Friday, April 26, 2013

Alcohols Depiction In Movies

Peer pressure being common among young people and their friends, but how do movies influence a young persons use of alcohol?

Studies show that not only are characters that use drugs and alcohol portrayed as being attractive but also as romantic, aggressive, and hold a higher status in society than their non-drinking counterparts. Movies and television show alike glamorize the use of alcohol. That influence is subconsciously making young people increase their use of these substances. In a study done by The Medical Council on Alcohol and ESBRA, young people who viewed a movie where alcohol was present led to a higher overall alcohol consumption rate than those which depicted no alcohol use, “Results were straightforward and substantial: those in the condition with alcohol portrayal in movie and commercials drank on average 1.5 glasses more than those in the condition with no alcohol portrayal, within a period of 1 hour” (OxfordJournals). These studies found a direct link between the mass media and drinking levels of young people.


Other research studied different characteristics and compared and contrasted how drinkers and non-drinkers analyzed those characteristics. As you can see overall drinkers believed characters who used alcohol were more aggressive, attractive, friendlier, had higher economic status and had more romantic activity. All characteristics that young people wish to exude. This study also found that drinkers in movies are more attractive, which is obviously not a accurate interpretation of realty (Journal of Appplied Social Psychology).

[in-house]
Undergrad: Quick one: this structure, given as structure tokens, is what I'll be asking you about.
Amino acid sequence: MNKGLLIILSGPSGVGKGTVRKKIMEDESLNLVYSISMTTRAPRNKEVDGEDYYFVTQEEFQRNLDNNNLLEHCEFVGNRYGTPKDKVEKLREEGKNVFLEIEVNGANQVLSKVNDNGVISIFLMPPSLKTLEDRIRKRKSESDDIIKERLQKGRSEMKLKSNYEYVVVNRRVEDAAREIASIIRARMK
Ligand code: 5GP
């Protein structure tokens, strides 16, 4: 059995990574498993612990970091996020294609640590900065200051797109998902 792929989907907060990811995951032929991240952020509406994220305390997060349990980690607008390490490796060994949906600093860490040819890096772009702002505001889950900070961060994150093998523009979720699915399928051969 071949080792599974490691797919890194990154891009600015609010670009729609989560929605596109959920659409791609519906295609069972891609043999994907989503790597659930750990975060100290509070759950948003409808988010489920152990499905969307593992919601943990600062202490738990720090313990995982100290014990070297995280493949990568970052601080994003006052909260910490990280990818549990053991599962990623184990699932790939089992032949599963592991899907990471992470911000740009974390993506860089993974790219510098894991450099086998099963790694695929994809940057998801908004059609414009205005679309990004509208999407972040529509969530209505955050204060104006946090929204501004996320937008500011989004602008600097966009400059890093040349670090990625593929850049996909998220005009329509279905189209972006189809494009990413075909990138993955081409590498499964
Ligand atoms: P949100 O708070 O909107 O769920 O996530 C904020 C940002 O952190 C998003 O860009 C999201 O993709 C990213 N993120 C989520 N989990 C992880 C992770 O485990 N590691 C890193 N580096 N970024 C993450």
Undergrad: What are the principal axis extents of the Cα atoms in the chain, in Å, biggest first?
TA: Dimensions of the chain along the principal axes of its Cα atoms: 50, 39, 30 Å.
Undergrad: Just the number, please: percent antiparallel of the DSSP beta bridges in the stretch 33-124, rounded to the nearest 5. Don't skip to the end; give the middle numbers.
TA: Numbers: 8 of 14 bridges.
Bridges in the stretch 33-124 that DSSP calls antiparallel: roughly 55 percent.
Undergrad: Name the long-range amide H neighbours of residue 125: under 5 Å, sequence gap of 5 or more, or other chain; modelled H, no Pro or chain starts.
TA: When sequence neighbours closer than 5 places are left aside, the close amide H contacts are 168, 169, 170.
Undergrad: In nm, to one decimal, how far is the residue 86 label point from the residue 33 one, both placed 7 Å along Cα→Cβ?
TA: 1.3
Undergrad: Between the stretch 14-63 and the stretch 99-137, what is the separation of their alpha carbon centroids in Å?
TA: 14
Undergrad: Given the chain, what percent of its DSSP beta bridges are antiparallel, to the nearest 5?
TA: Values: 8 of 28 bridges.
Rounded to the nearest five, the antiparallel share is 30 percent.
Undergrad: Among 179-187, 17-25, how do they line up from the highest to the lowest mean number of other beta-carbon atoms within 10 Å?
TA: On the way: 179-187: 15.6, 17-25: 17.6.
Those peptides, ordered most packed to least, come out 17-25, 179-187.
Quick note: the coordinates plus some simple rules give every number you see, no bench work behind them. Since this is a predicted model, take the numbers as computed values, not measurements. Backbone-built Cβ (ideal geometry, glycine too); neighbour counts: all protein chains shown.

The point of these studies was to show that the movies that many young people who watch anything from James Bond movies to 101 Dalmatians are shown alcohol, tobacco, and drug use. The saturation, and in many cases positive depiction, in movies may show young people that it is okay to drink.

Peer pressure is a common issue among young people, but it can be combated. Please read our article discussing ways in which to avoid peer pressure.

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-Maxwell Law

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